• Video inputs might be used to 'back up decisions that are made' – rather than influencing the decisions. It's a equivelent the the 'free text' option on a survey. But is the free-text analysed well enough? Is it consultation-lite without the substative element? How can we make sure people going down the video input route still get the option and are encouraged to contribute to consulation-stats after inputting via video/free-text discussion?

Short reflections:

  • There's a lot of looking at the role of citizenship in promoting e-democracy – but there seems to be a lack of looking at spaces where young people should have power and a right to input. The way to build in e-democracy seems to me to be to build it around Setion 6 rights of young people to influence Local Offer provision, and other local activities. Where power is given, it's harder for it to be taken away.
  • Video can carry a lot of information – but I wonder if its not too much. I can't process 15 video inputs as quickly as I can 15 text-inputs to a consultation or a dialougue – and so the risk is I can hear less views… Do we need better technology to allow analysis of video? Or is video mainly a red-herring technology in consultation and e-engagement – useful only in a limited range of situations? It certainly seems useful to give information – but how is it for gathering information? Bristol transcribe video inputs into text reports – but also make the videos available for decision makers to watch to understand an issue on a deeper level.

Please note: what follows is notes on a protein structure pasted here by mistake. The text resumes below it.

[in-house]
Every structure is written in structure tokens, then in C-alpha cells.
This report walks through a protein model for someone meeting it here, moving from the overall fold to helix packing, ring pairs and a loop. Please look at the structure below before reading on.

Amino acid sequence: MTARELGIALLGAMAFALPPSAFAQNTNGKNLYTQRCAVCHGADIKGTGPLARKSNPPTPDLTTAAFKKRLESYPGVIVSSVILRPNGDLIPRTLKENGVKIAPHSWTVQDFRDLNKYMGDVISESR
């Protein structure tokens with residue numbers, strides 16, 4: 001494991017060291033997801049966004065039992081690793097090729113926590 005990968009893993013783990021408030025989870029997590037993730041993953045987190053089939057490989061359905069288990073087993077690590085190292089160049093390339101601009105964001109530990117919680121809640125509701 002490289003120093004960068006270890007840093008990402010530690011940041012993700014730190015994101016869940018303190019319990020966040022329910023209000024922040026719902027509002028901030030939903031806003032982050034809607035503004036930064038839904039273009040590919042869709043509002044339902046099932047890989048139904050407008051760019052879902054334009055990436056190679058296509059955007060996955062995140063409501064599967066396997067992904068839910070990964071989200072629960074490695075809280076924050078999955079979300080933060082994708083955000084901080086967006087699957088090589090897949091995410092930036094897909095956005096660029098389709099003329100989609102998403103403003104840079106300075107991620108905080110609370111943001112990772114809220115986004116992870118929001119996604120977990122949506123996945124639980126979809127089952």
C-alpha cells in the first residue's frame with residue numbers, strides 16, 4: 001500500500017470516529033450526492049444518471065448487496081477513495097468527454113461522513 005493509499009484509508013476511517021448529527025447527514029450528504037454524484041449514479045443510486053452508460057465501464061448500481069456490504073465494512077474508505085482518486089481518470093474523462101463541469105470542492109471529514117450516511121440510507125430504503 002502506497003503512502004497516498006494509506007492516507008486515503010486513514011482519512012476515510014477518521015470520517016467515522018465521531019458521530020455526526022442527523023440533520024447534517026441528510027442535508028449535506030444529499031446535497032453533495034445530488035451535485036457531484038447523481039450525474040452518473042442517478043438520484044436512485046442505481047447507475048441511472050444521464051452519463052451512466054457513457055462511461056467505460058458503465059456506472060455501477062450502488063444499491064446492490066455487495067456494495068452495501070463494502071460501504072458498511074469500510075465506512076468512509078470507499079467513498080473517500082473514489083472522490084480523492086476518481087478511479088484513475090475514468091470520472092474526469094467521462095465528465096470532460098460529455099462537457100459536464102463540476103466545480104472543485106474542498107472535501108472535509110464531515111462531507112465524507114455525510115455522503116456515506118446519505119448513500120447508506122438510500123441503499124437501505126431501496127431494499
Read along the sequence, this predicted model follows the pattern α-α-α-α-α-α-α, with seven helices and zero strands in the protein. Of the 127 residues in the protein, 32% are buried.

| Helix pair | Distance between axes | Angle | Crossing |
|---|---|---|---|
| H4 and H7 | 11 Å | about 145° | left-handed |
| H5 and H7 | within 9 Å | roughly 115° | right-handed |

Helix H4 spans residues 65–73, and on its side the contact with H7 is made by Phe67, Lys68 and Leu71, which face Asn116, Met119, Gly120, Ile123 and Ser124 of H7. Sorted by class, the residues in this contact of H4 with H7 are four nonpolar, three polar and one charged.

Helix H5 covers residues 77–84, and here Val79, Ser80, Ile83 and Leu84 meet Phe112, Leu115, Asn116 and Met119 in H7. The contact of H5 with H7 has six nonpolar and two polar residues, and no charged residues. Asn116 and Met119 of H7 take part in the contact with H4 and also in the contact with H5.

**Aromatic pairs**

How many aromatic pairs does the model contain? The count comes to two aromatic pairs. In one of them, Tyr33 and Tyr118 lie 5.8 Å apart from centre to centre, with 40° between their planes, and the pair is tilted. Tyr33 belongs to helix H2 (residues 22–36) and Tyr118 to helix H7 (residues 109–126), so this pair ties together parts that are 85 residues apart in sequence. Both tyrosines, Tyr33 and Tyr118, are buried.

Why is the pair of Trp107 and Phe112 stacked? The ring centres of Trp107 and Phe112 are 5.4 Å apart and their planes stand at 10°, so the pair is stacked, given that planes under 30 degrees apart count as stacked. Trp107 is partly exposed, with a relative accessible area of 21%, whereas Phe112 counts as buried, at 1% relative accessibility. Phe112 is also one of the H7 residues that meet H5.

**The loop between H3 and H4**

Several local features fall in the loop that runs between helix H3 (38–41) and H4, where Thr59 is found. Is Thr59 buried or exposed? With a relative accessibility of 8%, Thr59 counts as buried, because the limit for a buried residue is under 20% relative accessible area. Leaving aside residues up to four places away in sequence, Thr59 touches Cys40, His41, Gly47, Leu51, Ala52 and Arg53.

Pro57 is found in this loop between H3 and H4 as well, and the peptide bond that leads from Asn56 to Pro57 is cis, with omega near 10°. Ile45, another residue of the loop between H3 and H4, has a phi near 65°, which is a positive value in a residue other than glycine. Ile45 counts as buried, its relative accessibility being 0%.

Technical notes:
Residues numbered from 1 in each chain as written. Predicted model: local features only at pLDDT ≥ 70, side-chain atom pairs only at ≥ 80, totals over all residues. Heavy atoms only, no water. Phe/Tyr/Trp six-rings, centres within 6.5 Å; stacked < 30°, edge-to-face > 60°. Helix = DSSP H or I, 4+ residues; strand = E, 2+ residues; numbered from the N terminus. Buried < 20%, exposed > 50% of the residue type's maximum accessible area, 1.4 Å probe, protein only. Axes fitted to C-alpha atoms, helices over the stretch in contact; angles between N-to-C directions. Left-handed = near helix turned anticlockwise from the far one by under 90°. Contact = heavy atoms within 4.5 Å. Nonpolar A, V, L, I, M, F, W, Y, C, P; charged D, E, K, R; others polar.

• The design of tools matters. In the same way physical space affects the way interaction works – the 'public digital architecture' (by which I mean how it works for the user, not back-end systems architecture) really matters. But the power matters as well (if not most of all…)